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Poor areas, or only poor people?

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  • Ravallion, Martin
  • Wodon, Quentin

Abstract

Instead of targeting poor areas, should poverty programs target households with personal attributes that foster poverty, no matter where they live? Possibly not. There may be hidden constraints on mobility, or location may reveal otherwise hidden householdattributes. Using survey data for Bangladesh, the authors find significant and sizable geographic effects on living standards, after controlling for a wide range of nongeographic characteristics of households, as would typically be observable to policymakers. The geographic effects are reasonably stable over time, robust to testable sources of bias, and consistent with observed migration patterns. Poor areas are not poor just because households with readily observable attributes that foster poverty are geographically concentrated. There appear to be sizable spatial differences in the returns to given household characteristics. Their results reinforce the case for anti-poverty programs targeted to poor areas even in an economy with few obvious impediments to mobility.

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Bibliographic Info

Paper provided by The World Bank in its series Policy Research Working Paper Series with number 1798.

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Date of creation: 31 Jul 1997
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Handle: RePEc:wbk:wbrwps:1798

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Related research

Keywords: Poverty Lines; Environmental Economics&Policies; Housing&Human Habitats; Poverty Diagnostics; Poverty Assessment;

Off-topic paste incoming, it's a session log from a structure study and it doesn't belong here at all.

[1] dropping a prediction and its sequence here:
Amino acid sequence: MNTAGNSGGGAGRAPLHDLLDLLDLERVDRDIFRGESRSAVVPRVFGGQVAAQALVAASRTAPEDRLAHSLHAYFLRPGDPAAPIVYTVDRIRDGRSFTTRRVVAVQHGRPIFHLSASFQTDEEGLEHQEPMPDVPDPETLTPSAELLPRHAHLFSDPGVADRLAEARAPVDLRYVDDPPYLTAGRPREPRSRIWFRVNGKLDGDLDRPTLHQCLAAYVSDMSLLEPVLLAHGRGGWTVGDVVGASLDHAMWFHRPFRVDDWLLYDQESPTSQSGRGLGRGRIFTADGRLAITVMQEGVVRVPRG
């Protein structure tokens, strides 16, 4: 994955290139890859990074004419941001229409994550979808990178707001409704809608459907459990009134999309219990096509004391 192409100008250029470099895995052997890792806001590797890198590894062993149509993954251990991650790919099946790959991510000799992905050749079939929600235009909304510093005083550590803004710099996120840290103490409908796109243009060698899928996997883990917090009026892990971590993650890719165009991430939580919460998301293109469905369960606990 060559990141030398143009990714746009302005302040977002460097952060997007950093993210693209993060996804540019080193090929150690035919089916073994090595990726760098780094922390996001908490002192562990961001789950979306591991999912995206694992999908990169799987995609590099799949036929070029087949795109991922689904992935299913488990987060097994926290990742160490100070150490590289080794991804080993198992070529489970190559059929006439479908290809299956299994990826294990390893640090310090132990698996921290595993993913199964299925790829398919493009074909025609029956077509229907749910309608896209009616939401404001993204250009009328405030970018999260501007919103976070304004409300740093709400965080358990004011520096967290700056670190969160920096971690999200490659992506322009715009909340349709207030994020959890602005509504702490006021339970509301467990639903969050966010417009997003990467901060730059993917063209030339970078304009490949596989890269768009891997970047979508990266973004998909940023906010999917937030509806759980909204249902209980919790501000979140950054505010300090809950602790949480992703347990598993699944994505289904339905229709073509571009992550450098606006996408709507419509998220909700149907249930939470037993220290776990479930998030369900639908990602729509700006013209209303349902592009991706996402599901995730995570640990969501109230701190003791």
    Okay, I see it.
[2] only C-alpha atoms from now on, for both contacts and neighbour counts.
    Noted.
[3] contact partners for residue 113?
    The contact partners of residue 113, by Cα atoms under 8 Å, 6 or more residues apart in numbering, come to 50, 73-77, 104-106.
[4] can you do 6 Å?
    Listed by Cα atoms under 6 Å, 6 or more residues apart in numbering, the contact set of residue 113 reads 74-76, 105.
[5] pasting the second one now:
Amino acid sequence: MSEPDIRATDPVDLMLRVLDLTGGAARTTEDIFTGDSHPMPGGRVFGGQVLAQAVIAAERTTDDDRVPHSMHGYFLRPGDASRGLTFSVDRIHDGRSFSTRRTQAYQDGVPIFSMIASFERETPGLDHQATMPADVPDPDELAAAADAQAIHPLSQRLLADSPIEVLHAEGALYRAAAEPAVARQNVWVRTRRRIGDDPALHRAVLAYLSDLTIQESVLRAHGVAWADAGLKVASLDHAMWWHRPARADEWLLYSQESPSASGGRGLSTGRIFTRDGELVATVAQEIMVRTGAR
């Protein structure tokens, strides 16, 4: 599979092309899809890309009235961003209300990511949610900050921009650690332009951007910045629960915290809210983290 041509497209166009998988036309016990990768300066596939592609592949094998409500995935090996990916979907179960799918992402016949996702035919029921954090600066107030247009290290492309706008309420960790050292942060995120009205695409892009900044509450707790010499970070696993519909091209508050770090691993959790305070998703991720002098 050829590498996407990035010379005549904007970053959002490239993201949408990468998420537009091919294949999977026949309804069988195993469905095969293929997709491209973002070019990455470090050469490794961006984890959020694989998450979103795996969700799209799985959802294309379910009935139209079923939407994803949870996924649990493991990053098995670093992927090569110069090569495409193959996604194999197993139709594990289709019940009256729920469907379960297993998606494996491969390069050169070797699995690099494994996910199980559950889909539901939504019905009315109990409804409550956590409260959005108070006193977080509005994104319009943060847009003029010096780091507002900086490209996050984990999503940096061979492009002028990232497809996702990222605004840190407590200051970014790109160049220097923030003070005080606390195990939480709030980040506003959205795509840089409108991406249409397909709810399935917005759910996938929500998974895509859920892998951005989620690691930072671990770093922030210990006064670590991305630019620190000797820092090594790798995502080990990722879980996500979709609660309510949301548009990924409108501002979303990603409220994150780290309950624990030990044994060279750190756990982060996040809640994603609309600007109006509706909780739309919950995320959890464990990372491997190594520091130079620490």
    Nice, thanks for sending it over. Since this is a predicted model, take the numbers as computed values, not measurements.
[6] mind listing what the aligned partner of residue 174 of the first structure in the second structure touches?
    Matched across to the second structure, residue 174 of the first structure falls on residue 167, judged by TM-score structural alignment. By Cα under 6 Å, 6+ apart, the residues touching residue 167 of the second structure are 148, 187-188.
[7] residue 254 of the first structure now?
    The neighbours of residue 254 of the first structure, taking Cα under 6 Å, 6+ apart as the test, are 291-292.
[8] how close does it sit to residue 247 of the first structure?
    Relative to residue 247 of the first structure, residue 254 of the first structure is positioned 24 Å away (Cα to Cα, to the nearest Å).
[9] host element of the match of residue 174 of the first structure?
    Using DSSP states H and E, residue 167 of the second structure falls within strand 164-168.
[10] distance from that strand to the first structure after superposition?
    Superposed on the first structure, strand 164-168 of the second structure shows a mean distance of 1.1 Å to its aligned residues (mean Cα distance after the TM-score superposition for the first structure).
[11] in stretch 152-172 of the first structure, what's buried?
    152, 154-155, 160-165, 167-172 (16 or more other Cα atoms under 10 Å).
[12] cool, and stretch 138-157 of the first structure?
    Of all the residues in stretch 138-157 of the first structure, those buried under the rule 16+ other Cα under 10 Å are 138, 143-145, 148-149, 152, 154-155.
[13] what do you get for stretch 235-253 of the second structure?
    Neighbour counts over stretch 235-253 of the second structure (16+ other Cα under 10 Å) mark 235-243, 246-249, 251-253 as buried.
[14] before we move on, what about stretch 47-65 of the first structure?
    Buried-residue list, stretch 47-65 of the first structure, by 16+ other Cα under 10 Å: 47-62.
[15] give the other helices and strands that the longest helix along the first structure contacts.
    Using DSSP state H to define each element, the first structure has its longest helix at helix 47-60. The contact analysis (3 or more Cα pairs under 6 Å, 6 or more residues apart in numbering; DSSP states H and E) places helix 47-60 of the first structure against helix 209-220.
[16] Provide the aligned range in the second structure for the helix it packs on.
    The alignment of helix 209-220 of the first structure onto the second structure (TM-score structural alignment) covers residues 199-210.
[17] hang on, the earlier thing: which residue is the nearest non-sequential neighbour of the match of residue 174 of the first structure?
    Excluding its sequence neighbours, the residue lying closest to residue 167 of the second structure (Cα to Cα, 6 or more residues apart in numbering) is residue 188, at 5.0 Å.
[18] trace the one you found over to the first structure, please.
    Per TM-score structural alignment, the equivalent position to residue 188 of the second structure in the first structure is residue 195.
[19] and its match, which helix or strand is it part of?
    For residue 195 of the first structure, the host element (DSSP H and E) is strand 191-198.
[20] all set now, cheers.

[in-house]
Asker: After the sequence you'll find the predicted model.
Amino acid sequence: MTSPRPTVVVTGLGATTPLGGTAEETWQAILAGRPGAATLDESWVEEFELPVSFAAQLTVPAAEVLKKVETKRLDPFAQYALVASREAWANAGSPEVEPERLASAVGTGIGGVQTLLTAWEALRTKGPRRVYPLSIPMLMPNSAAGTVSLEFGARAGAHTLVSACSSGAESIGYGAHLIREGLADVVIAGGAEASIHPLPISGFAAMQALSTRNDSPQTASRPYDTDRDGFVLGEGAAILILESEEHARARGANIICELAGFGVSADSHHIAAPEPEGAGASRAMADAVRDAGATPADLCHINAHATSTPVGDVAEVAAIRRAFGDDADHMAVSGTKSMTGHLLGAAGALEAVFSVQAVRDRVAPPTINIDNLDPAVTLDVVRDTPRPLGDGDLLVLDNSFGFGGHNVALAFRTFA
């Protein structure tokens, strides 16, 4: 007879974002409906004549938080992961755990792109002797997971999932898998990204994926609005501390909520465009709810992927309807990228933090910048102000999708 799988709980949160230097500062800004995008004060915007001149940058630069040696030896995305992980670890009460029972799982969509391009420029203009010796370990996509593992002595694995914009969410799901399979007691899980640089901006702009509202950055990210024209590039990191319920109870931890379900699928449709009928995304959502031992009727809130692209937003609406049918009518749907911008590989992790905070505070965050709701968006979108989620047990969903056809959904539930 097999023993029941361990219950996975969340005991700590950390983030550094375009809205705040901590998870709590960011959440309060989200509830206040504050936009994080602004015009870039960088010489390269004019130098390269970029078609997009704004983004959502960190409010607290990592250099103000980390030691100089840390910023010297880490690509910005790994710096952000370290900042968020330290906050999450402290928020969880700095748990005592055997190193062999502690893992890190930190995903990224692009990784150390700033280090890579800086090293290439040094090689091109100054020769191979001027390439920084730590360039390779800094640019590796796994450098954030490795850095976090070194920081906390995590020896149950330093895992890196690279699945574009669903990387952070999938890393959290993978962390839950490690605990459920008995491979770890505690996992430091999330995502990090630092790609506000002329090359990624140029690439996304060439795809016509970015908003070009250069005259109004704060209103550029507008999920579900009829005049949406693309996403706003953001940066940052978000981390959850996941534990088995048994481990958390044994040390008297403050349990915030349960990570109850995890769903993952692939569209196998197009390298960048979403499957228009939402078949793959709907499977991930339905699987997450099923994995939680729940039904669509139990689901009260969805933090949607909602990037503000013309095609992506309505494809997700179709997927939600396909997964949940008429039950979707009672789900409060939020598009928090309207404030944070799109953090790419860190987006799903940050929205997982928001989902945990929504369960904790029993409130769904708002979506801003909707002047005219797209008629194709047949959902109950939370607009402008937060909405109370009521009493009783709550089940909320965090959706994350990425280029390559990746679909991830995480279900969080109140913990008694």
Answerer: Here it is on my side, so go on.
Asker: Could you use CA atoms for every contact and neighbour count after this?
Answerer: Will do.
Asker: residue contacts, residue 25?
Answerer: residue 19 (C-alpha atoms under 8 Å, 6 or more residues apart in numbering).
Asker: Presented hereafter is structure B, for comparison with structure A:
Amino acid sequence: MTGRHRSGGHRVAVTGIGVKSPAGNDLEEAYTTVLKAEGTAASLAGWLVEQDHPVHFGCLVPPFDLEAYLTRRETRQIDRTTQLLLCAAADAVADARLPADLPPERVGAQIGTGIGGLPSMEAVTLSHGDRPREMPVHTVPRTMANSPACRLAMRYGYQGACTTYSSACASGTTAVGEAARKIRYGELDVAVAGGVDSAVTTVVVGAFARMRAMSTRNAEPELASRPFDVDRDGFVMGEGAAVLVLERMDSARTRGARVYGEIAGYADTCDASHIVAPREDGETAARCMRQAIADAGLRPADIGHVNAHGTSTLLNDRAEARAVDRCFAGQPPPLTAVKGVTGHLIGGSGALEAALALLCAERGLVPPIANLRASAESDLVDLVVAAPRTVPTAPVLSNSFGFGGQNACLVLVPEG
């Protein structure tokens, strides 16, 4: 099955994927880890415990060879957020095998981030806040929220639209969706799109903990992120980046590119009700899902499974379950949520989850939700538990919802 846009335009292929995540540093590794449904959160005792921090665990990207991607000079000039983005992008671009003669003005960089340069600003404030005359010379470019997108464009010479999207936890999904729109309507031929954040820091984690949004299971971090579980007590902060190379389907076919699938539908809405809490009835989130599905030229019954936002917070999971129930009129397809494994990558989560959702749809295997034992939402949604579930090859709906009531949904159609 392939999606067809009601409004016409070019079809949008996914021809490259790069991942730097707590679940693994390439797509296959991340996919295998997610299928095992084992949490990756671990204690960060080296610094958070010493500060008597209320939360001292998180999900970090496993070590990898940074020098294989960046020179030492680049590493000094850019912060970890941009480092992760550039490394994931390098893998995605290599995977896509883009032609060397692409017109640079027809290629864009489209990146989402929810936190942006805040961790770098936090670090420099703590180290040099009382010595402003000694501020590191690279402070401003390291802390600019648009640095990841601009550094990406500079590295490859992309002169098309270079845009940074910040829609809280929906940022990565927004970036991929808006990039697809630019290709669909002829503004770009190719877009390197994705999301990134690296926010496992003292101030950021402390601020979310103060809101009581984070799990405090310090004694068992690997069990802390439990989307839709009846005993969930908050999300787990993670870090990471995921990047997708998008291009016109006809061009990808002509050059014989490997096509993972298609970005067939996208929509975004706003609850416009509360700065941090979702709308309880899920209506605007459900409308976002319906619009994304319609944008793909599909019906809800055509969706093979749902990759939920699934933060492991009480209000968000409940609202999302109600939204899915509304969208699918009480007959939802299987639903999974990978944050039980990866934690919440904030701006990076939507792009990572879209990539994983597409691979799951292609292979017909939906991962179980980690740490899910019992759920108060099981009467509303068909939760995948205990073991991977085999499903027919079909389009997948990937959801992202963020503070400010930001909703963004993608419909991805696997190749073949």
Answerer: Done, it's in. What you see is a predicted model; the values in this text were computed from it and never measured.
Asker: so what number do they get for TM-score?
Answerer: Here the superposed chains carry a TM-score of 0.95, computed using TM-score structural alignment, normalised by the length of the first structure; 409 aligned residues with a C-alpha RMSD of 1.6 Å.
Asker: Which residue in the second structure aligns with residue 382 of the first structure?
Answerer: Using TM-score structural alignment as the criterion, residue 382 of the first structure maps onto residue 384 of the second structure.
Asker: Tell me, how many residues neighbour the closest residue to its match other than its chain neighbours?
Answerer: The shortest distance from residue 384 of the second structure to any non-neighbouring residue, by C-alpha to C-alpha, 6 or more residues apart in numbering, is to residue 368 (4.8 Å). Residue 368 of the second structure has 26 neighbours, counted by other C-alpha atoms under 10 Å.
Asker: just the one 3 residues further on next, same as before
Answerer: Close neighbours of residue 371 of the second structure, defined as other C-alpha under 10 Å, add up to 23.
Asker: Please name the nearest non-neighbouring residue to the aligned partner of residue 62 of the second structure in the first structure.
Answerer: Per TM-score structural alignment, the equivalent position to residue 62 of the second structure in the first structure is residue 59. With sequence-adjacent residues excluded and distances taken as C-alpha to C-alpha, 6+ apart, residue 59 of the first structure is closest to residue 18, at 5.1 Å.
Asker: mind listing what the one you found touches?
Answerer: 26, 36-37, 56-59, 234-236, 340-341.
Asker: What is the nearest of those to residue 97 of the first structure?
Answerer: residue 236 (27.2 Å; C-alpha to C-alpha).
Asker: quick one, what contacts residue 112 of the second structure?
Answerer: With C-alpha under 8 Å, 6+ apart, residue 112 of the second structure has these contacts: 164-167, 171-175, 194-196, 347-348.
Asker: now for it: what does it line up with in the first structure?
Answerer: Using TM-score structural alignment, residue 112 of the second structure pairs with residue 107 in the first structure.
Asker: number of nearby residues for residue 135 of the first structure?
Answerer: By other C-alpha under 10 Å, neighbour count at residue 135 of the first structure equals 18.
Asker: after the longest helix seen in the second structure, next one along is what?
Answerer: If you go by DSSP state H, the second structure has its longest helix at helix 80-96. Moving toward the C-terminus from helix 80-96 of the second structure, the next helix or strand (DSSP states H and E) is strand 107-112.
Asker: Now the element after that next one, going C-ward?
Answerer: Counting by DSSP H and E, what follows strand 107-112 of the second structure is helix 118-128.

References

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  1. Lipton, Michael & Ravallion, Martin, 1995. "Poverty and policy," Handbook of Development Economics, Elsevier, in: Hollis Chenery & T.N. Srinivasan (ed.), Handbook of Development Economics, edition 1, volume 3, chapter 41, pages 2551-2657 Elsevier.
  2. Lanjouw, Peter & Ravallion, Martin, 1995. "Poverty and Household Size," Economic Journal, Royal Economic Society, Royal Economic Society, vol. 105(433), pages 1415-34, November.
  3. Wellisch, Dietmar, 1993. "On the decentralized provision of public goods with spillovers in the presence of household mobility," Regional Science and Urban Economics, Elsevier, vol. 23(5), pages 667-679, November.
  4. Myers, Gordon M., 1990. "Optimality, free mobility, and the regional authority in a federation," Journal of Public Economics, Elsevier, vol. 43(1), pages 107-121, October.
  5. Flatters, Frank & Henderson, Vernon & Mieszkowski, Peter, 1974. "Public goods, efficiency, and regional fiscal equalization," Journal of Public Economics, Elsevier, vol. 3(2), pages 99-112, May.
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